Guerrero vs. Kamegai: Live Round-by-Round Results and Highlights for Entire Card

Kevin McRaeFeatured ColumnistJune 21, 2014

Robert Guerrero is seen during a WBC welterweight title fight against Floyd Mayweather Jr., Saturday, May 4, 2013, in Las Vegas. (AP Photo/Rick Bowmer)
Rick Bowmer

Robert Guerrero got back into the win column on Saturday night, taking a brutal unanimous decision from Yoshihiro Kamegai in a Fight of the Year candidate at the StubHub Center in Carson, California.

Scores were 116-112 and 117-111 twice for Guerrero.

Bleacher Report scored the contest 116-112 for Guerrero.

Guerrero (32-2-1, 18 KO), who was making his return to the ring after a 13-month layoff after losing to Floyd Mayweather last May, didn’t box as much as was expected, instead choosing to settle for a brutal slugfest, overcoming a terrible cut over his left eye which was swollen shut by fight’s end.

Kamegai (24-2-1, 18 KO), a power puncher without a notable victory coming into the bout, pressured his better-known foe from the outset. He definitely won the stylistic matchup, forcing a brawl in a fight that had the Carson crowd on its feet and harkened back to many great main events held at the venue in recent years.

Much of the bout was contested in close quarters, with both men loading up and throwing bombs in an area no bigger than a phone booth. Neither guy was willing to back down in what proved to be an absolutely brutal war of attrition that far exceeded expectations.

In the co-featured bout, Vasyl Lomachenko put his name into the boxing history books, easily outpointing the previously unbeaten Gary Russell Jr. to win a majority decision and a world title in just his third professional bout.

Scores were 114-114 and 116-112 twice for Lomachenko.

Bleacher Report scored the contest 117-111 for Lomachenko.

Lomachenko (2-1, 1 KO) tied the late Saensak Muangsurin of Thailand by capturing a world title in just his third professional bout. He was the better, stronger fighter throughout, using his superior technical ability to neutralize Russell’s speed and land hard combinations, particularly to the body.

Russell Jr. (24-1, 14 KO) has been a hot prospect for a number of years, but he’s frequently been the subject of criticism for facing low-level opposition. Unfortunately for him, it seemed like the seeds of poor matchmaking came back to haunt him on this night.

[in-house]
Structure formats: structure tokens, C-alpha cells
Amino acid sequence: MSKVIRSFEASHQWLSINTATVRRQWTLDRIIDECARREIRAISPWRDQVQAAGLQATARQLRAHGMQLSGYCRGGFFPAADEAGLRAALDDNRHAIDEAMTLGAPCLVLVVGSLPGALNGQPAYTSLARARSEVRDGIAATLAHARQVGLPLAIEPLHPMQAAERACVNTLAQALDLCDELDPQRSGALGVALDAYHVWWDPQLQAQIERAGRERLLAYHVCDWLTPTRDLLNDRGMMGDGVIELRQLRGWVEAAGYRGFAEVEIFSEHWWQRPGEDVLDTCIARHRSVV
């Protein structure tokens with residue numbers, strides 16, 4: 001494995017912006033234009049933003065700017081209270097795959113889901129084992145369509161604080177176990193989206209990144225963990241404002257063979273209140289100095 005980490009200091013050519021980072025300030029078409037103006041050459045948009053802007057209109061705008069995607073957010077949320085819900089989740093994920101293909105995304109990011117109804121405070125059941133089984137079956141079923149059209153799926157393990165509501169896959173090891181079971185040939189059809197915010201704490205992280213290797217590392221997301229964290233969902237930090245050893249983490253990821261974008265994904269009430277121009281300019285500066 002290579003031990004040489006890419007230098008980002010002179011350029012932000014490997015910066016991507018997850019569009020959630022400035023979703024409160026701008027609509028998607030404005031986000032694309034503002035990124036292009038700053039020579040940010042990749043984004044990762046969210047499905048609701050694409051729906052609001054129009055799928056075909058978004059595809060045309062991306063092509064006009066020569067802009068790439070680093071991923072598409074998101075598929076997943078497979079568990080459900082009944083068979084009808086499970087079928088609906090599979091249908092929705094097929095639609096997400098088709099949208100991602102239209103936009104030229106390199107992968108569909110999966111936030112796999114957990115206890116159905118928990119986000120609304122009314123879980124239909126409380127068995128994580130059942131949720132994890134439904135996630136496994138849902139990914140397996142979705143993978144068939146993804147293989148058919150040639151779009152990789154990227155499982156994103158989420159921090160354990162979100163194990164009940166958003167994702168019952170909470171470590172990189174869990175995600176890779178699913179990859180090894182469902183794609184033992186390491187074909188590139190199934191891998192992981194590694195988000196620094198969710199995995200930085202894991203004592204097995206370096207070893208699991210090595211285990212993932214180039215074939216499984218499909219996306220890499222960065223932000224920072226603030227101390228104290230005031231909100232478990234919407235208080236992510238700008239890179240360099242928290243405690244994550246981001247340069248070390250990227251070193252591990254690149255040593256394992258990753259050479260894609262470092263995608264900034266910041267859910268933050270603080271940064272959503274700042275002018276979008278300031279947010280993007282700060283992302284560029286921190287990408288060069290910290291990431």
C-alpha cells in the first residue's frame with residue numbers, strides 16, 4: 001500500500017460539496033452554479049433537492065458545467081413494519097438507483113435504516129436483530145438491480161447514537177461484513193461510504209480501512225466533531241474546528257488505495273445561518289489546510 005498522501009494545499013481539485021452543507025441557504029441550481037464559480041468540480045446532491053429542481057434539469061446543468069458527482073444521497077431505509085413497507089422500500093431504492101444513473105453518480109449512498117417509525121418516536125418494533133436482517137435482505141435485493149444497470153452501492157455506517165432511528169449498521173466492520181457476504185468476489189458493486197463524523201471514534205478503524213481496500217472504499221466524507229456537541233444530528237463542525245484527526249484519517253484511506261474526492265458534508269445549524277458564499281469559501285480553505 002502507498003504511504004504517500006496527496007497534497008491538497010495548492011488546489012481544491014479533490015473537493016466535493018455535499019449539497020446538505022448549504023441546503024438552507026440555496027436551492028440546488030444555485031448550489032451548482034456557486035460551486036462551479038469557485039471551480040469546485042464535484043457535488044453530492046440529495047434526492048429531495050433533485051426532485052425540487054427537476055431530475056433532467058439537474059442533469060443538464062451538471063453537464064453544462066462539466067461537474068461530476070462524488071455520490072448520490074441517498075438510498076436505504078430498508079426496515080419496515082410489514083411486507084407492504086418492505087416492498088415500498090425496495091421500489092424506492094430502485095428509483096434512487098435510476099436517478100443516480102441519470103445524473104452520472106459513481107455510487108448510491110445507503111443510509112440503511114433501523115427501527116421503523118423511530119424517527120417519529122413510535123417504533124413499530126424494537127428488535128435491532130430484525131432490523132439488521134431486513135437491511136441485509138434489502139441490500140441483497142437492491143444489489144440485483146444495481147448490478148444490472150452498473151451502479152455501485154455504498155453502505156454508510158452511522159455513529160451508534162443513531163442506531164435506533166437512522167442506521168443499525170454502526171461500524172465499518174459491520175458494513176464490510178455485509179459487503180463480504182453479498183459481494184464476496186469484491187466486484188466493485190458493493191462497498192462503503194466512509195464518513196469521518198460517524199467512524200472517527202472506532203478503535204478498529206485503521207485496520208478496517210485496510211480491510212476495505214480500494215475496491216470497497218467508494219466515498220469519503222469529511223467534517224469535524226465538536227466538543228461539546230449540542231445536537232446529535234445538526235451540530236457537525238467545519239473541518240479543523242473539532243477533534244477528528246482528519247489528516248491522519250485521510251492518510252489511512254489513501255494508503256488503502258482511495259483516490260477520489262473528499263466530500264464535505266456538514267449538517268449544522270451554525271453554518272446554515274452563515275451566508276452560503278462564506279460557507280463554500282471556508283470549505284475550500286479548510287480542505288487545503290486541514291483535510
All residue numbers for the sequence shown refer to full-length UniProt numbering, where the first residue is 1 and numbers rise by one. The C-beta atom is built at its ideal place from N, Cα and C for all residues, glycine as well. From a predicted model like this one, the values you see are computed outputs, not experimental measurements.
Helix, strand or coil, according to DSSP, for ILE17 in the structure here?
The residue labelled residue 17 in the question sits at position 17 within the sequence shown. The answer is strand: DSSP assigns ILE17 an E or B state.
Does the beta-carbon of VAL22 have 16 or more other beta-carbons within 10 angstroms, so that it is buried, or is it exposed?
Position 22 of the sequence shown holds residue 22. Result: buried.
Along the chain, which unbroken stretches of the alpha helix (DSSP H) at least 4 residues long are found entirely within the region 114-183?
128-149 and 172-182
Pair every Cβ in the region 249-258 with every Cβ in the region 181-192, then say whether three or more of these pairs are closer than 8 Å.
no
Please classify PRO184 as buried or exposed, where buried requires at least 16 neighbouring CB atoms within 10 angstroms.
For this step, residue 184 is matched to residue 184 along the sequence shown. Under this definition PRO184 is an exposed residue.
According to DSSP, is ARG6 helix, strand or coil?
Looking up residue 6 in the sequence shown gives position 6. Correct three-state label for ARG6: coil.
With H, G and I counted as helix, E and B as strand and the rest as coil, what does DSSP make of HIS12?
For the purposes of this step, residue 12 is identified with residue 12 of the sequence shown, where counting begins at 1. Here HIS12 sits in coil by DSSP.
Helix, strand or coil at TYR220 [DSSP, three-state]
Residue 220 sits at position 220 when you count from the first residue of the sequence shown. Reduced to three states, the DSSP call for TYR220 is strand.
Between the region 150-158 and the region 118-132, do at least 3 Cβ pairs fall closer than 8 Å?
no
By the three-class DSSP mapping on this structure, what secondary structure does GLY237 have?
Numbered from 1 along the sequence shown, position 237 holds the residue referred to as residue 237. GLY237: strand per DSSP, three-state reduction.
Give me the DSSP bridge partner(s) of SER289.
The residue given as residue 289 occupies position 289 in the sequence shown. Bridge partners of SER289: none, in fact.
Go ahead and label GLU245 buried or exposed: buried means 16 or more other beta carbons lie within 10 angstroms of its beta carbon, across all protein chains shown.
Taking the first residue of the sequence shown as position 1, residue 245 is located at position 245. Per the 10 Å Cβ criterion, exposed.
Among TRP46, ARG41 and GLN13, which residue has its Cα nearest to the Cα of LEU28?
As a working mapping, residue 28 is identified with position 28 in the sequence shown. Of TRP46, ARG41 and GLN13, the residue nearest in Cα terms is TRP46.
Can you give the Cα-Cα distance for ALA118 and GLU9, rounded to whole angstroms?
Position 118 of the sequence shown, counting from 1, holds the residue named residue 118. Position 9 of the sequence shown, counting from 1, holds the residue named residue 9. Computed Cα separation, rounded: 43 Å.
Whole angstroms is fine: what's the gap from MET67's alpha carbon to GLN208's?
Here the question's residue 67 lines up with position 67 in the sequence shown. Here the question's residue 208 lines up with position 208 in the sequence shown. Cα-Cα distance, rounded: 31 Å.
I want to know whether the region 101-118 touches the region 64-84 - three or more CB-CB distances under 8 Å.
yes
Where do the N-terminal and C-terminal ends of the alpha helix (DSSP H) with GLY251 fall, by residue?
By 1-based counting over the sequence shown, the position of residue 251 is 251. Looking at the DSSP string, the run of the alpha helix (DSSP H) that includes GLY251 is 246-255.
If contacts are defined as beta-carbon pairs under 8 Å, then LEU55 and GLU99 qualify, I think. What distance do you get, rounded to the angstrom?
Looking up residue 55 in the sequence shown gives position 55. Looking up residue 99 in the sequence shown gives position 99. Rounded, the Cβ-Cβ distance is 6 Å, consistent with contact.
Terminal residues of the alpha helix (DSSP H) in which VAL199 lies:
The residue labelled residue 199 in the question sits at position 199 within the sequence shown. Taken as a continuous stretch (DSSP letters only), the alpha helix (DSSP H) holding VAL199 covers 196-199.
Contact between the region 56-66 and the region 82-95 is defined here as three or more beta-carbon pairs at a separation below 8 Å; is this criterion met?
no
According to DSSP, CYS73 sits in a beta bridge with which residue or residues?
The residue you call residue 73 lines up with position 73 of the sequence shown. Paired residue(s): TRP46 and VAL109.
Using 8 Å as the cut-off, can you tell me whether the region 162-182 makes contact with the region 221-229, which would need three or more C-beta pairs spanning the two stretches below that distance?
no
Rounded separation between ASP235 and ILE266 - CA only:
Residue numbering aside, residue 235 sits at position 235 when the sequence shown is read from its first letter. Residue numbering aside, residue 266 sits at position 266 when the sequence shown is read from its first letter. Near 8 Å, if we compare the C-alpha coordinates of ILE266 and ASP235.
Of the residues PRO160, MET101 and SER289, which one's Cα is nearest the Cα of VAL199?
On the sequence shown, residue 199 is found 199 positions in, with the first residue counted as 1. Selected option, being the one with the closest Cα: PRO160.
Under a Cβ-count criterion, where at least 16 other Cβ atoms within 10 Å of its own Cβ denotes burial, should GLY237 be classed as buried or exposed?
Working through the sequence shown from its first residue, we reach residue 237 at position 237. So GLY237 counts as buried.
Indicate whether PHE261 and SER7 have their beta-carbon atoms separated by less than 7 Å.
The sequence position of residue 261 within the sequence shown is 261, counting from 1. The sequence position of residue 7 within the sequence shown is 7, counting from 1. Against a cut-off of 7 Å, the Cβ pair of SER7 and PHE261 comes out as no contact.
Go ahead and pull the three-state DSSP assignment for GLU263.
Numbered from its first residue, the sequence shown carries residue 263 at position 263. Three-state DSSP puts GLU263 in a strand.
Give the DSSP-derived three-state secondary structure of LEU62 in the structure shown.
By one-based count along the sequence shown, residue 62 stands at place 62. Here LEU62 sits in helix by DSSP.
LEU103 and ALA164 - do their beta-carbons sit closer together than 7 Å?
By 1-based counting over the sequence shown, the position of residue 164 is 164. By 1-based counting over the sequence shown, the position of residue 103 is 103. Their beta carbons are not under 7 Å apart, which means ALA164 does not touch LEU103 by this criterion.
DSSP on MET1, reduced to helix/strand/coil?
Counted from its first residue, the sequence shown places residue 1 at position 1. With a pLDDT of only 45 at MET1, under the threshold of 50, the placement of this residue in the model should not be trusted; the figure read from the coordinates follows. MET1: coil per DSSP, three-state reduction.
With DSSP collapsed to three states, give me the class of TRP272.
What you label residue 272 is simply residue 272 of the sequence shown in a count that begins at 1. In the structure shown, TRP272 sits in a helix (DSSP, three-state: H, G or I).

Lomachenko, who is a two-time Olympic gold medalist for Ukraine, zeroed his attack in on Russell’s body from the opening round. His punches were harder, cleaner and seemed to zap a lot of Russell’s speed in the later rounds, making him an easier target.

Russell was the more active fighter, but the vast majority of his punches connected with nothing but air, making a draw verdict on one of the official cards look particularly curious.

In the opening contest of the evening, former welterweight champion Devon Alexander rebounded from losing his title to Shawn Porter last December, outpointing the rugged Jesus Soto Karass for a unanimous decision in an exciting contest.

Scores were 97-93 and 99-91 twice for Alexander.

Alexander (26-2, 14 KO) was the faster, more aggressive fighter early. He controlled the distance, countered Soto Karass at will and seemed to bank most, if not all, of the early rounds by being more aggressive than we’ve become accustomed to seeing him in the past.

Soto Karass (28-10-3, 18 KO) came on late, taking advantage of a fading Alexander to close the distance and score more, particularly to the body, in the later rounds. But by the time he finally got going it was too late to close the early gap.